Is There a Point to the Girl Scout Journeys Program?

My blog is over five years old, and to date, the post that has received the most comments, is the one about Girl Scout Journeys (You can read about it here).

In the four years since that post came out, the opinion of the Journeys program still has not changed among leaders. When you think about it, many of the leaders who first complained about the program are, more than likely, not leading anymore. As the collective memory of what the old Girl Scout program used to be like starts to fade as new leaders join, it is interesting to note that the sentiment over the Journeys program still consistent.

Both leaders and the girls are not huge fans.

Is there a point to doing a Girl Scout Journey in a day?

What continues to be my issue with the Girl Scout Journeys program all these years?

It stems from my days as an elementary school teacher. Back in 1994, my school district piloted a new math program. Over the summer, my colleagues and I met to discuss it and make plans, and even with decades of collective teaching experience, we could not make sense of what we had to do.

When the school year started. others felt the same way, both in our school and across the district. My school was most vocal about the quality of the program and we were made the bad guys by doing so.

After the first year, test scores for math plummeted. We were told to “make the program work” and had to secretly weave the old program with the new, but not let anyone else in the district know. My colleagues and I spent hours and hours trying to fix something we knew was not right for our students.

Five years later, the district hired a consultant at a very significant cost, and the bottom line was that he determined that the program did not work (something we teachers had been saying from the beginning).

That is how I have felt with the Journeys program all these years.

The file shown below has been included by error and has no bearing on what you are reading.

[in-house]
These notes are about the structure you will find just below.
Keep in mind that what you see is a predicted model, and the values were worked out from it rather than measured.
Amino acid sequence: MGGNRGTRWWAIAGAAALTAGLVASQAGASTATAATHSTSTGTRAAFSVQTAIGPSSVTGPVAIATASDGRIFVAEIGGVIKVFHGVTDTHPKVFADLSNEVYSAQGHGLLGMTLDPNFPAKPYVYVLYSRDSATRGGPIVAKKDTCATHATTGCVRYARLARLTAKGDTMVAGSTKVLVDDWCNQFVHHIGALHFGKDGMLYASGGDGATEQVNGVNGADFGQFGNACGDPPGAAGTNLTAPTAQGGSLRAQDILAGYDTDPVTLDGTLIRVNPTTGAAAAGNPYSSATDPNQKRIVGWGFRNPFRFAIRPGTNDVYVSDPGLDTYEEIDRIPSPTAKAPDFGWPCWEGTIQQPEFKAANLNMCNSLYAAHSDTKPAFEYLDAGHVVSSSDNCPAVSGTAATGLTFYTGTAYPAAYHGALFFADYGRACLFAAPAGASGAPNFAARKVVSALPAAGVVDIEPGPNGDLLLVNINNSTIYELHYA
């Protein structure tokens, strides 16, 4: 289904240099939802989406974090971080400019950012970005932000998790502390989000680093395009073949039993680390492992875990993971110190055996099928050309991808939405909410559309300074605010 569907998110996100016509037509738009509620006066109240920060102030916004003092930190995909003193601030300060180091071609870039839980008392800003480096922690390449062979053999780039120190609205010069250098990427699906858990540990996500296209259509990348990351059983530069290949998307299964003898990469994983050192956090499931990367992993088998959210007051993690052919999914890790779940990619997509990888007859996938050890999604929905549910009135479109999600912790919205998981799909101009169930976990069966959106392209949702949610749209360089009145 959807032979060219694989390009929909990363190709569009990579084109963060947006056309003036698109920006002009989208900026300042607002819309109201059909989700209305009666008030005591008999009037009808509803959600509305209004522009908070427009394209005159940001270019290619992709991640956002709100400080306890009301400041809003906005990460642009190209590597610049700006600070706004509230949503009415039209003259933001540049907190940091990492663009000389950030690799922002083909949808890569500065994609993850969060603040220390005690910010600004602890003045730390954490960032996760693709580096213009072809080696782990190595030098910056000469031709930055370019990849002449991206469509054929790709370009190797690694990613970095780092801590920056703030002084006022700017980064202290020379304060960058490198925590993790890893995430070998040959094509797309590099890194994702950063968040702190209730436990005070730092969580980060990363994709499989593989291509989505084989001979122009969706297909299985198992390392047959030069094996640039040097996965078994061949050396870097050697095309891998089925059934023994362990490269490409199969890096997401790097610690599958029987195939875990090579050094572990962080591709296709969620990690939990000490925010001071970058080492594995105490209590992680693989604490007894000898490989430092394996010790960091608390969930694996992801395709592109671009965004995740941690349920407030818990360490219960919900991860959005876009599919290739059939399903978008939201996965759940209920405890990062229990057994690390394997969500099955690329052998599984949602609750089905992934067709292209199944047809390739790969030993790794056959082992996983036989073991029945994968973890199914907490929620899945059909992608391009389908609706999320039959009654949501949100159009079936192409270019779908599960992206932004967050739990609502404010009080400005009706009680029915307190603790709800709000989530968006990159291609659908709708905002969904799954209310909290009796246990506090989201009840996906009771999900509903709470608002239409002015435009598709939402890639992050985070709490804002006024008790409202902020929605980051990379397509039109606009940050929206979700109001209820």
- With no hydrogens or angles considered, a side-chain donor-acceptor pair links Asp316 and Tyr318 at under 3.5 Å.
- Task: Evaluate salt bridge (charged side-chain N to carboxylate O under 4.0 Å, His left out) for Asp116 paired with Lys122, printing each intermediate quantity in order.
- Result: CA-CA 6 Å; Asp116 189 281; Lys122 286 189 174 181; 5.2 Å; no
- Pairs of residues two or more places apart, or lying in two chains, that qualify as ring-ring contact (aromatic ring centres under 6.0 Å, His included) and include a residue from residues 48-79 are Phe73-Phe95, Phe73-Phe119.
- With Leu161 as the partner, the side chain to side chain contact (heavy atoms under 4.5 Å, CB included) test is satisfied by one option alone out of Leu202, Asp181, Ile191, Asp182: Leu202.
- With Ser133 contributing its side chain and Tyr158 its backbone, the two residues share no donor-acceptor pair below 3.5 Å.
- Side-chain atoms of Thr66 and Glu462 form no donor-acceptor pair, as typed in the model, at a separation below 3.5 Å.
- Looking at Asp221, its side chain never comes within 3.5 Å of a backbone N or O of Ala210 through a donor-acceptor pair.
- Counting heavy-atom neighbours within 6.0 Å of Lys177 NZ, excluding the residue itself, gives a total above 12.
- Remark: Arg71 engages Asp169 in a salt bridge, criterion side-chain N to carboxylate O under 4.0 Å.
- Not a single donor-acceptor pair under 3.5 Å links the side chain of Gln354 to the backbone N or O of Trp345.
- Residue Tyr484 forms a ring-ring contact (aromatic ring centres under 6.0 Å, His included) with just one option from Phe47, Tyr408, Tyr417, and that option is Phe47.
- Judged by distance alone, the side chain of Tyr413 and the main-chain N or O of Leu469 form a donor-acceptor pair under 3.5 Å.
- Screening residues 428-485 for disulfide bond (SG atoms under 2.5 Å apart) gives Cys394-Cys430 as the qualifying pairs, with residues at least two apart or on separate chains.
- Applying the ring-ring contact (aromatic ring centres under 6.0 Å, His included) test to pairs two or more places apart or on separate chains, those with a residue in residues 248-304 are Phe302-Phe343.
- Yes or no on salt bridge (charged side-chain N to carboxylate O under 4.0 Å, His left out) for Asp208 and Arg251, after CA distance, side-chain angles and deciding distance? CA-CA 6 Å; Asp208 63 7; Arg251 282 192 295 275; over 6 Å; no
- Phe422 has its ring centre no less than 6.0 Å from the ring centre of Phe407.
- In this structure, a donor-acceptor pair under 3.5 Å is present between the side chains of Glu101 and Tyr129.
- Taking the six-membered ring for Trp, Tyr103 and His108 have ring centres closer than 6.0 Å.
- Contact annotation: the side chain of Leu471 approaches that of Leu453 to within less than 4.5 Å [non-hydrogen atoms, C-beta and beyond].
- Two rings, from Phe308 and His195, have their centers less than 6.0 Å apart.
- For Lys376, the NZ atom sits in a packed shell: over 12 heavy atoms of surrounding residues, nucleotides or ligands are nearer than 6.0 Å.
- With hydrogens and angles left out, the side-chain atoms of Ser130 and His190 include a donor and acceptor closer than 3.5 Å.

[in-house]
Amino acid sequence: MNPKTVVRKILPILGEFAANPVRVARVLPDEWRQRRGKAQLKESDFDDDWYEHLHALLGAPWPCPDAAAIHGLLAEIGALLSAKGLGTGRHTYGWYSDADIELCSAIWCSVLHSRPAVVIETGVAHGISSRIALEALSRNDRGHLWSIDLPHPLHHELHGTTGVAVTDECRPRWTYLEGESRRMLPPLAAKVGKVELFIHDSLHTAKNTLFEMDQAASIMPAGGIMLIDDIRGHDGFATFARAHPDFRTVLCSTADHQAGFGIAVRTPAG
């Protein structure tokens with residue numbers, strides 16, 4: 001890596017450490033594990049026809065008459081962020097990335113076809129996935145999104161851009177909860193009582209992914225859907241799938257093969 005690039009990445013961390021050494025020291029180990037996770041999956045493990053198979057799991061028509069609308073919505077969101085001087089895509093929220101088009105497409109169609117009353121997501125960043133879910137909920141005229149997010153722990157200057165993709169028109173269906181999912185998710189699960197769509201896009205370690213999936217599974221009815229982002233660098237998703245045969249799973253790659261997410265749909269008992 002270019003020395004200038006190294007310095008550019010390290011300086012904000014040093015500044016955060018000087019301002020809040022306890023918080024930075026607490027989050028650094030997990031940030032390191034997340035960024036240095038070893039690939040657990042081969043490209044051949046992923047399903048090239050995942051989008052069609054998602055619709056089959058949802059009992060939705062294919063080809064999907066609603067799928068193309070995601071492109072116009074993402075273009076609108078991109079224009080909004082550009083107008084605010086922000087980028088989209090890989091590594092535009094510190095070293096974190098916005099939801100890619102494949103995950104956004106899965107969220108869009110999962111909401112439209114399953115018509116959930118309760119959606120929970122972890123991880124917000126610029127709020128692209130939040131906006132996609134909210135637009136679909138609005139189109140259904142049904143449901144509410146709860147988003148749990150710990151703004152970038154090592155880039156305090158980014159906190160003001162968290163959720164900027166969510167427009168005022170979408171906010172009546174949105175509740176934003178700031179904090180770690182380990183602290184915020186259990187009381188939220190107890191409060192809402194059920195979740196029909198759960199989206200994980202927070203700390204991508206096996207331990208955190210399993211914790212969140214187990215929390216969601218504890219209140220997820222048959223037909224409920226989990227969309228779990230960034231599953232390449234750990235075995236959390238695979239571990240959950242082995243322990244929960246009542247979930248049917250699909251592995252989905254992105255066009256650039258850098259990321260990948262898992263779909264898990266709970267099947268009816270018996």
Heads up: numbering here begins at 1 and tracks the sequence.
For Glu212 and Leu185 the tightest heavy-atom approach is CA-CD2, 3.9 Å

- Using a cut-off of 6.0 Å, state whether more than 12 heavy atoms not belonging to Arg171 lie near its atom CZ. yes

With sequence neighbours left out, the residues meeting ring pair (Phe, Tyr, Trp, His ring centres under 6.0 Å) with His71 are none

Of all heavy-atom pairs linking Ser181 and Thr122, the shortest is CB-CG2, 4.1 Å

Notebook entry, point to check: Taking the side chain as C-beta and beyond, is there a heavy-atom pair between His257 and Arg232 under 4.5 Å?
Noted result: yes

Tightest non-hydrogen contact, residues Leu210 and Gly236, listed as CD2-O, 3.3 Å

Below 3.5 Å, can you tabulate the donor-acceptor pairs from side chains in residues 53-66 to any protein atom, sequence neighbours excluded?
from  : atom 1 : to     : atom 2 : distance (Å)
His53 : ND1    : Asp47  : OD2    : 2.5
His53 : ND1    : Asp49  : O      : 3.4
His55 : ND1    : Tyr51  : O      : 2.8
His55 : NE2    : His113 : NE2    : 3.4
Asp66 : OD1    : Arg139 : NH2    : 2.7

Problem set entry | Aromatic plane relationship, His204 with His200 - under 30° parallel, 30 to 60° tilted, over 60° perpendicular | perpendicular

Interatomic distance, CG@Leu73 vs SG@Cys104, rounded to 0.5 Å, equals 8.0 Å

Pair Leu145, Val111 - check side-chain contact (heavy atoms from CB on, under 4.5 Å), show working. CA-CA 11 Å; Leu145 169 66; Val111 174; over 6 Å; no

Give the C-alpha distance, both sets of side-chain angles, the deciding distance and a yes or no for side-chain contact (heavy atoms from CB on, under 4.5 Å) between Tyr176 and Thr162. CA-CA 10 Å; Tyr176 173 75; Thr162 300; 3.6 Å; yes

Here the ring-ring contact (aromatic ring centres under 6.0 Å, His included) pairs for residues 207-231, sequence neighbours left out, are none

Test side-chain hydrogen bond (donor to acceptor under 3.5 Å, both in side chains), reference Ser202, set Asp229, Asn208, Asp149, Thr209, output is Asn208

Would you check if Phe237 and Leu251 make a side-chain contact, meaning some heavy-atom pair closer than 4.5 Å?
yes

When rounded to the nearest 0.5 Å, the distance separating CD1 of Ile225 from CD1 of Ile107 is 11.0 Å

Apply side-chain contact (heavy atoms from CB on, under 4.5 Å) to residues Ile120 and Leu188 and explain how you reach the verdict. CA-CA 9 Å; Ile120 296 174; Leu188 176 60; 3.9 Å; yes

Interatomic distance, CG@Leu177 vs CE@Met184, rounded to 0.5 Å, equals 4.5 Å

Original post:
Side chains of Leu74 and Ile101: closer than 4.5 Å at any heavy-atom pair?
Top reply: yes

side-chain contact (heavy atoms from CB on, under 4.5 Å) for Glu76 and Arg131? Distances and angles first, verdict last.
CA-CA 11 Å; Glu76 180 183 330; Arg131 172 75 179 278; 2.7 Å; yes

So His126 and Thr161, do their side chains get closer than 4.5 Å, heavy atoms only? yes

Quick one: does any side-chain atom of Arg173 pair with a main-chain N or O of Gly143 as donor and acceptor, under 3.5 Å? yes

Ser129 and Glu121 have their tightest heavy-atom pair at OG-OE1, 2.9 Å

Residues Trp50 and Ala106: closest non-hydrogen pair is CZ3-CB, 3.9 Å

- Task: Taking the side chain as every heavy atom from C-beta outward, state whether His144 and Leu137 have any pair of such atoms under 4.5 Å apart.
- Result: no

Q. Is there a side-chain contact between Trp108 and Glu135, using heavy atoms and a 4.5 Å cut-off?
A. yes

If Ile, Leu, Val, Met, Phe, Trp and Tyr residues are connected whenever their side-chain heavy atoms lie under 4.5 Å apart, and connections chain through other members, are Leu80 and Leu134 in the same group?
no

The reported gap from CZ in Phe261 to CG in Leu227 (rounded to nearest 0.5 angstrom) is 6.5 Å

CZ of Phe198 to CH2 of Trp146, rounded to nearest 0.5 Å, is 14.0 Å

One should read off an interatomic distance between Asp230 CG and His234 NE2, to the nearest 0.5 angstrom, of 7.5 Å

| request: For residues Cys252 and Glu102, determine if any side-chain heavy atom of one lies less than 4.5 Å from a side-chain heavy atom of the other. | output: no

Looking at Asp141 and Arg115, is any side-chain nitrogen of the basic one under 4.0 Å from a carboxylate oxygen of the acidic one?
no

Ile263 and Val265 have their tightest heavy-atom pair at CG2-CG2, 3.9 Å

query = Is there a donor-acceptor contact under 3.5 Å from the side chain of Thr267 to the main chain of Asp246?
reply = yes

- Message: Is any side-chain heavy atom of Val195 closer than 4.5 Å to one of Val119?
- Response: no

When I first encountered it, I could not believe that this was for five and six year olds. It was so developmentally inappropriate!

Over the years, leaders have had to “fix” the program and reinvent each Journey to make it work for their troops (much like I had to do with my math program two decades ago). Bless the leaders in Girl Scout Facebook groups and in forums who have shared what they have done to help others. But why should unpaid volunteers need to fix a program?

I was, at least, a salaried employee who spent time making a program work, not an unpaid volunteer. If this program is so wonderful, why has it not been embraced enthusiastically since it was introduced in 2008? Why doesn’t Girl Scout leadership hear us?

Which leads me to my next point. 

The Journeys program is touted as one that builds leadership skills. It is supposed to be in depth so the girls can get something out of it. However, there are many  Councils that offer “Journey in a Day” programs.

If you can do a Journey in a day, why would you need to buy the books and spend months of meeting time doing one? 

After all these years, no matter what forum I read or Facebook group I venture into, no one has ever said, “Boy, I love the Journeys program!” Yes, there are some who feel it is not too bad if you tweak it a bit and there are some leaders who have done a phenomenal job making it work so their girls could love it.

But shouldn’t that have been the job of the Girl Scout organization that created the program?

How is it that a program that girls must done in order to achieve the Bronze, Silver and Gold Awards be done in a single day? The old badge program was shoved aside in order for this one to take it’s place. If it is so significant, how is it that all you need is one day and you are good to go?

I am curious if any of you have done a Journey in a Day and if what you did “stuck” to your girls.

Spend the Day and Complete a Journey

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For those of you who are not looking forward to doing the Journey program, your local Girl Scout Council can help you!  In the mail, I recently received a brochure for all of my Council’s programs from October through March.  Interestingly, there is a Journey program for the Brownie and Junior levels of scouting.  Your girls can spend three afternoons completing their Journey, earning their patches, and for Juniors, earning the ability to go for the Bronze Award.